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THU0402 Ultrasonography and dual-energy CT (DECT) do not provide the same quantification of urate deposition in gout: results from a cross-sectional study
  1. T Pascart1,
  2. A Grandjean2,
  3. L Norberciak3,
  4. V Ducoulombier2,
  5. M Motte2,
  6. H Luraschi2,
  7. M Vandecandelaere2,
  8. C Godart2,
  9. E Houvenagel2,
  10. N Namane2,
  11. J-F Budzik4
  1. 1Rheumatology
  2. 2Hopital Saint Philibert, LOMME, France
  3. 3Biostatistics
  4. 4Radiology, Hopital Saint Philibert, LOMME, France

Abstract

Background Gout is due to monosodium urate (MSU) deposition in joints and soft tissues. Ultrasonography (US) and dual-energy CT (DECT) have been shown to be effective in detecting MSU deposits. Both techniques can examine tophi size. DECT is effective to identify soft-tissue MSU deposits and US can show joint deposition with the double contour (DC) sign. It is unknown if these two techniques provide the same quantification of the extent of urate deposition on a given patient.

Objectives The main objective of this study is to compare the tophus size measured by US and by DECT. The secondary objective is to evaluate the correlation between the prevalence of the US DC sign and the global volume of urate deposits measured by DECT.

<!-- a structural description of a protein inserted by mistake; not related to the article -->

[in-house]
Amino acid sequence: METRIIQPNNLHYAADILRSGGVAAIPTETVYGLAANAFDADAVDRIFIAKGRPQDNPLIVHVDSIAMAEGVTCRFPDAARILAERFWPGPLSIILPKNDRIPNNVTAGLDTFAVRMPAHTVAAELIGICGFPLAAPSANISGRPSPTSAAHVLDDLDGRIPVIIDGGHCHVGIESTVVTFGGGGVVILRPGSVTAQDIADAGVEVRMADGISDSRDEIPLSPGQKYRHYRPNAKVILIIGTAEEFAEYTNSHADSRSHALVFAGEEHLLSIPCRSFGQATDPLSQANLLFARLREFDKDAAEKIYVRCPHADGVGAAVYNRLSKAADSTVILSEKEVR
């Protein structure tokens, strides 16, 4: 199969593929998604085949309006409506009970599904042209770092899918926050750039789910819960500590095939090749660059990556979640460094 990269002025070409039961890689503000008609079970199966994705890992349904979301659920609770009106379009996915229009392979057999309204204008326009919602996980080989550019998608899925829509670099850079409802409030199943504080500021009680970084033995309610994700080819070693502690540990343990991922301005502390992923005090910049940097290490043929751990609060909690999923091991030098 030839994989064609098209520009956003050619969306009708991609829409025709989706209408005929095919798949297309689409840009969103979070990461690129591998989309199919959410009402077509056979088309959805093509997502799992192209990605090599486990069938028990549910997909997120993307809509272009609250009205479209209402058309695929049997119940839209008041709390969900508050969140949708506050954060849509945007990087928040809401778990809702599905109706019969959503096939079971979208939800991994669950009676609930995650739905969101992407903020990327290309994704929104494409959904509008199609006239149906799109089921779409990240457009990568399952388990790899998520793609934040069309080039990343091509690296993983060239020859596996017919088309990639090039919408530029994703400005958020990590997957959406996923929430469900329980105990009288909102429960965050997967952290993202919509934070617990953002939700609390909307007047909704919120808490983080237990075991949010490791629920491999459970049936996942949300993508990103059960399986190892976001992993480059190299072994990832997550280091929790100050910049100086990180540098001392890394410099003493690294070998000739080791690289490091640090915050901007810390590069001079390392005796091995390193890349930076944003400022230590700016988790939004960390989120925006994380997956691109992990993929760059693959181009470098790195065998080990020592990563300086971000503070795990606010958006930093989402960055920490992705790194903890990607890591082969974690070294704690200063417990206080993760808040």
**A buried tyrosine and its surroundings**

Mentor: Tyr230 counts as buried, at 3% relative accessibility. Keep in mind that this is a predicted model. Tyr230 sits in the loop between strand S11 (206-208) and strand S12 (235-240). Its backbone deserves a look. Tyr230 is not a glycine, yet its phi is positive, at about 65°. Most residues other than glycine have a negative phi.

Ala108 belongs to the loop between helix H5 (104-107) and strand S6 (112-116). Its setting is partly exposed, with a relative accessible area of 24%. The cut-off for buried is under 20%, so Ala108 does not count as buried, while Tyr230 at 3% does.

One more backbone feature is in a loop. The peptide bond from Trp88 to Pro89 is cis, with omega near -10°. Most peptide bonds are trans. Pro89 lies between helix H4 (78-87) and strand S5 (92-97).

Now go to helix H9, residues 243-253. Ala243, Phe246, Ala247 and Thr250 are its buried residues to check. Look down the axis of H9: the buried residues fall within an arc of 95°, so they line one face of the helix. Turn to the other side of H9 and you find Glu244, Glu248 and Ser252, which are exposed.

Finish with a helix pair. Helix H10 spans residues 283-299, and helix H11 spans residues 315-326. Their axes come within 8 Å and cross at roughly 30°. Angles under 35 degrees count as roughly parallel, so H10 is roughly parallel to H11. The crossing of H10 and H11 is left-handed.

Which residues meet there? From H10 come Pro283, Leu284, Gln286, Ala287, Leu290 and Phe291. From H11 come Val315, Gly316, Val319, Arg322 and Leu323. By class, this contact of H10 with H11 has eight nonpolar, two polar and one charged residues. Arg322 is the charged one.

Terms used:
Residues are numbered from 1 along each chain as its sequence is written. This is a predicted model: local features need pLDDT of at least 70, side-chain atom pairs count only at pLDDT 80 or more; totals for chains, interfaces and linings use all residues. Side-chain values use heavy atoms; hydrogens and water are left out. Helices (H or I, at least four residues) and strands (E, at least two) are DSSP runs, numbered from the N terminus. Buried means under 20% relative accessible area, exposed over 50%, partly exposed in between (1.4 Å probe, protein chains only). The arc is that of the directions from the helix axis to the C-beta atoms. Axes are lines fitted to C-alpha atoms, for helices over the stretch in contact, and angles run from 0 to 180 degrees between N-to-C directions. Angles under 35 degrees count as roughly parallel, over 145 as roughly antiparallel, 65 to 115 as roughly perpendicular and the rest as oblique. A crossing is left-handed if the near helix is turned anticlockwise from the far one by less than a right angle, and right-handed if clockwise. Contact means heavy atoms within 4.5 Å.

Methods This prospective cross-sectional study included patients fulfilling the 2015 ACR/EUALR criteria for gout. Patients underwent US and DECT examinations of their knees and feet. The largest US tophi was selected as the index tophus. US examination of the DC sign was performed on the femoro-patellar joints, talo-crural joints and 1st metatarsophalangeal joints. Total volume of urate deposits of knees and feet was measured by DECT. The primary endpoint was the intra-class correlation coefficient (ICC) of the volume of the index tophus measured by US and DECT [CI 95%].

Results A total of 64 patients were included in the study, of which 35 patients presented with at least one US tophus. Patients were in average 64.5±16.3 years old, 84.4% were male, had an average ACR/EULAR score of 13.6±2.5, and disease duration was 12±14.7 years. Overall, 44 patients (68.8%) were currently taking urate lowering therapy and 22 patients (34.4%) had clinical tophi. Out of the 35 US selected largest tophi, 6 tophi were not seen in DECT. Of the tophi identified with both techniques, 21 were localized in the feet and 8 in the knees. The ICC of the tophus volume assessment by US and DECT was 0.45 [0.12–0.69]. The average volume of the largest US tophi was 2.7±6.5 cm3 and 1.5±3.3cm3 when measured by DECT. If the index tophus was localized in the knee, the ICC was 0.36 [0–0.82] and was 0.68 [0.37–0.86] if the tophus was in the foot. The Spearman correlation coefficient between the DECT urate volume and the number of joints with a positive DC sign was 0.15.

Conclusions US and DECT do not provide the same assessment of tophus size. The correlation is improved when considering tophi localized in the feet. The number of joints with positive DC sign does not correlate to the volume of urate deposition in the soft tissues measured by DECT.

Disclosure of Interest None declared

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